Brown planetary scientist elected to Russian Academy of Sciences

Professor Jim Head is honored as a foreign member for his decades of contributions to planetary science.

Jim Head
Planetary scientist Jim Head
Lynn Rothschild

PROVIDENCE, R.I. [Brown University] — Jim Head, Louis and Elizabeth Scherck Distinguished Professor in Brown’s Department of Earth, Environmental and Planetary Sciences, has been elected a foreign member of the Russian Academy of Sciences. Among the 63 members elected this year were six Nobel Laureates, including former U.S. Secretary of State Henry Kissinger.

Head was honored for his decades of contributions to planetary science and space exploration, as well has his collaboration with Russian and Soviet space researchers.

“My first trip to Moscow was in 1973, and it has been a great pleasure to visit my Russian colleagues at least once a year since that time, to host them at Brown and to interact with them personally and professionally,” Head said. “It has been very productive to involve Brown undergraduate and graduate students in every step of the way.”

Head earned his Ph.D. from Brown in 1969. That same year, he began working with NASA on the Apollo program, helping to select lunar landing sites and training astronauts in the geology of the Moon. He worked in Mission Control in Houston as the landings unfolded and studied the returned lunar samples. Since then, he has participated in numerous NASA projects, including the MESSENGER mission to Mercury, the Lunar Reconnaissance Orbiter mission and the recent GRAIL mission to the Moon. He has published numerous book chapters and hundreds of academic papers, which have been cited nearly 46,000 times. The list of Head’s graduate students includes Jim Garvin and Ellen Stofan, the last two chief scientists at NASA. Stofan currently holds the post.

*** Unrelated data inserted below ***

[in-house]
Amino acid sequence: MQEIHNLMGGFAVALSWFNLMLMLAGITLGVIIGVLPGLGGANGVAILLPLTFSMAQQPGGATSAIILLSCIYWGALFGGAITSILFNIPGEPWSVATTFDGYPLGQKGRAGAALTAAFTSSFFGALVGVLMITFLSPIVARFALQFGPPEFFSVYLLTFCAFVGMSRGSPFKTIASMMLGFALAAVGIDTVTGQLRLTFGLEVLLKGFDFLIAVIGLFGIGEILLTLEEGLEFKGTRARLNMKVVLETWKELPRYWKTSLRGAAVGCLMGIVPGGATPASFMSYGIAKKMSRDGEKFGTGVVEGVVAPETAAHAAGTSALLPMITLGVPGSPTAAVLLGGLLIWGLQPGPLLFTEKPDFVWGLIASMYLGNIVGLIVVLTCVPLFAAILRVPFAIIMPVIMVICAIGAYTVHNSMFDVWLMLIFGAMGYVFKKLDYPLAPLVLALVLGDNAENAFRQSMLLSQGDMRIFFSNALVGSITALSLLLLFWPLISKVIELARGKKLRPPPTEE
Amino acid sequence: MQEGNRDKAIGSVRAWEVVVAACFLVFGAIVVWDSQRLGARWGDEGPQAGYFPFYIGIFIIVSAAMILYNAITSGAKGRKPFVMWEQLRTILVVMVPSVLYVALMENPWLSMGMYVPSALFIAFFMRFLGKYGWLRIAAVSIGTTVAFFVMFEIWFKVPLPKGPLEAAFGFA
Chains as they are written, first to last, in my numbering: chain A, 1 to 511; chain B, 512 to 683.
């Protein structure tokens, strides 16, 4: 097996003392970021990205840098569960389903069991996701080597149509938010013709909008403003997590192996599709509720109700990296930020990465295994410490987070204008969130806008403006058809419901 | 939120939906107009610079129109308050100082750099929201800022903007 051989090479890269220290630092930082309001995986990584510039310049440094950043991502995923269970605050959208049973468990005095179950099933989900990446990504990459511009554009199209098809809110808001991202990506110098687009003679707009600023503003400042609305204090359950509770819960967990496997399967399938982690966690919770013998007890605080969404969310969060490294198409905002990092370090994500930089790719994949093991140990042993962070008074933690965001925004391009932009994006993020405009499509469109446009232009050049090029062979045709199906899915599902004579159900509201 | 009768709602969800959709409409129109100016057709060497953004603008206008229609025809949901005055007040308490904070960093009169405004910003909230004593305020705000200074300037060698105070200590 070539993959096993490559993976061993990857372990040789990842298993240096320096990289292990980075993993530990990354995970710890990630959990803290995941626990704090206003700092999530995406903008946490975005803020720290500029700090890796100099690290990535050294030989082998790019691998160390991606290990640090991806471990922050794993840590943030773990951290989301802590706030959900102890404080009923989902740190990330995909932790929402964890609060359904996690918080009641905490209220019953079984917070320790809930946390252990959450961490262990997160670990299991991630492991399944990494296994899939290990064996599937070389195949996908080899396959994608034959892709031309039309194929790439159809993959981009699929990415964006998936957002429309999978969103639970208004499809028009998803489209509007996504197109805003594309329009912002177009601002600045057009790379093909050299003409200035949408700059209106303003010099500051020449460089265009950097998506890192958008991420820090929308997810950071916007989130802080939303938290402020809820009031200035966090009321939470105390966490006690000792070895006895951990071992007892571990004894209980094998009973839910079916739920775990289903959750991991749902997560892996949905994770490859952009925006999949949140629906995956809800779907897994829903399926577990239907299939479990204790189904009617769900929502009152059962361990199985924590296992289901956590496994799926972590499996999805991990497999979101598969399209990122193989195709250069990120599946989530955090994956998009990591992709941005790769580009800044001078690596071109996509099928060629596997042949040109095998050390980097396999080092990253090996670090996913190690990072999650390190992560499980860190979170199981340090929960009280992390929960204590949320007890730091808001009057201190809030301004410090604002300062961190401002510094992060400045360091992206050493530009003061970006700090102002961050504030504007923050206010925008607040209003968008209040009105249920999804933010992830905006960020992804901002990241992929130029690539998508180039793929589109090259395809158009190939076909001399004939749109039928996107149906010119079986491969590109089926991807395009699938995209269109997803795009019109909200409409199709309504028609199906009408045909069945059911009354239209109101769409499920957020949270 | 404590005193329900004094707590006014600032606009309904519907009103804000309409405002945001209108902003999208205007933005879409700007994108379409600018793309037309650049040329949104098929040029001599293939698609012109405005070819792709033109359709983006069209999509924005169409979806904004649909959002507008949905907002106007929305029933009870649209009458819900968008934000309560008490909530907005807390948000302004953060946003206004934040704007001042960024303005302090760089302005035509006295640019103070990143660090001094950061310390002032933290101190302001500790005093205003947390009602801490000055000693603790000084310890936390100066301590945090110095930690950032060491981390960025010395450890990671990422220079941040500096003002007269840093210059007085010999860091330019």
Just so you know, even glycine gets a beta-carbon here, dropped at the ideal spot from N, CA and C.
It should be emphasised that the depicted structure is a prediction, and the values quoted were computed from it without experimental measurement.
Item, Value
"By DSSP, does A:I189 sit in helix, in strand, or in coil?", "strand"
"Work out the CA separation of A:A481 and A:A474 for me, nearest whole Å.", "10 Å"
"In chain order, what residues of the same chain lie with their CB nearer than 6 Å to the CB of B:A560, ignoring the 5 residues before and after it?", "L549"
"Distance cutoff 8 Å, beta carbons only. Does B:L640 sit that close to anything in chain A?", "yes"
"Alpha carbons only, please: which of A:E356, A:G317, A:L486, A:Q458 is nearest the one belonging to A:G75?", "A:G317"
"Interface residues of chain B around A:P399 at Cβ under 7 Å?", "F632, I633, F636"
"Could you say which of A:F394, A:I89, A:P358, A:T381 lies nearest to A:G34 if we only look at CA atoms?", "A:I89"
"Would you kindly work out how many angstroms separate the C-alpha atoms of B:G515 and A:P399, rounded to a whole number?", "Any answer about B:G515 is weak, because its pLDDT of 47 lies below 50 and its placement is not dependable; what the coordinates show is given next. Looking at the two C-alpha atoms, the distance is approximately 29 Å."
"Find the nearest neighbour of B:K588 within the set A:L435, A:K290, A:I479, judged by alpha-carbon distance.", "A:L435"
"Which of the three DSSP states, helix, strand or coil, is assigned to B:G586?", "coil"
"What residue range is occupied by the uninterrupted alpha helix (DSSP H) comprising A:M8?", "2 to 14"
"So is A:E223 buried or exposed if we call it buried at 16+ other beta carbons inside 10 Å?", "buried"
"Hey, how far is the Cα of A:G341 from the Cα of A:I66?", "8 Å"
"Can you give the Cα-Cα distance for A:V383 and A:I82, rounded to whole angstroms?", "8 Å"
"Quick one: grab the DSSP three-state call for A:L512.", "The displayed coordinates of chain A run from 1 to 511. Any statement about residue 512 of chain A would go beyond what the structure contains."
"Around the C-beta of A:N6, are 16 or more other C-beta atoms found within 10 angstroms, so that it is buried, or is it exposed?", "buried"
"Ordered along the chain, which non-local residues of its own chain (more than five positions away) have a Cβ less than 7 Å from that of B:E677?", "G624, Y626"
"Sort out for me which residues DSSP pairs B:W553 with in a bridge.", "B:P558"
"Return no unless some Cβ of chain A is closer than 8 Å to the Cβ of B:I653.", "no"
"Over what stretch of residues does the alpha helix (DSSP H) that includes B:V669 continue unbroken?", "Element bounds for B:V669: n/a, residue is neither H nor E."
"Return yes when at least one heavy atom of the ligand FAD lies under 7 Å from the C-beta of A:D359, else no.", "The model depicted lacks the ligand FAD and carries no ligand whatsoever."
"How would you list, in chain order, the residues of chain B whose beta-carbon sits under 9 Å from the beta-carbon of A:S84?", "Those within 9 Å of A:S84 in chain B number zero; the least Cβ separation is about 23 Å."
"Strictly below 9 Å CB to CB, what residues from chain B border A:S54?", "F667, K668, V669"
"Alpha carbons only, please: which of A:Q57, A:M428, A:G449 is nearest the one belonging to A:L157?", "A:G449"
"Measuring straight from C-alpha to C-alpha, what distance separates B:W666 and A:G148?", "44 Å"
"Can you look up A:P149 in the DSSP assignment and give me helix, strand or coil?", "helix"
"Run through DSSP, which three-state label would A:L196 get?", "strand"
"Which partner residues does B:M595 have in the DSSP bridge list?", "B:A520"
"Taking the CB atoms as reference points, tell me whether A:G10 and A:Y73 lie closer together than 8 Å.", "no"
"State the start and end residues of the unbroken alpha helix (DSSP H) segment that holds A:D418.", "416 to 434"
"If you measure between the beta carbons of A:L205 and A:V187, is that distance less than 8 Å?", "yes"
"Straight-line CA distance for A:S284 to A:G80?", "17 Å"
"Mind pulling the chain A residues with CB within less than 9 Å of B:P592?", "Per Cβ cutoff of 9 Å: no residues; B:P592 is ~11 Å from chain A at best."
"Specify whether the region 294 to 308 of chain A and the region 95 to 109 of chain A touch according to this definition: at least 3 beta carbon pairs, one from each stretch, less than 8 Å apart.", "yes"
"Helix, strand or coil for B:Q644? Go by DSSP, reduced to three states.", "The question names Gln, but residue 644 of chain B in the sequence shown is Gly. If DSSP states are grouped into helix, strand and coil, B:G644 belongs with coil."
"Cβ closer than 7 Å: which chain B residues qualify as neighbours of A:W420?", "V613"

Amid Cold War tensions in the 1970s, Head spearheaded a scientific partnership between Brown and the Soviet V.I. Vernadsky Institute of Geochemistry and Cosmochemistry, and the Institute for Space Research (IKI). The partnerships enabled American and Soviet scientists to share data collected from each nation’s planetary exploration missions. Head was a guest investigator on three Soviet missions to Venus as well as Russian missions to the Martian moon Phobos.

The agreements with the Vernadsky Institute and IKI also established yearly symposia with Russian and American scientists that continue today. The 58th Brown-Vernadsky Microsymposium will be held in Houston in March 2017.

“I am sure that our joint efforts will further the fruitful cooperation between our countries,” said Vladimir Fortov, president of the Russian Academy of Science, in a note informing Head of the honor.

“That’s my hope too,” Head said.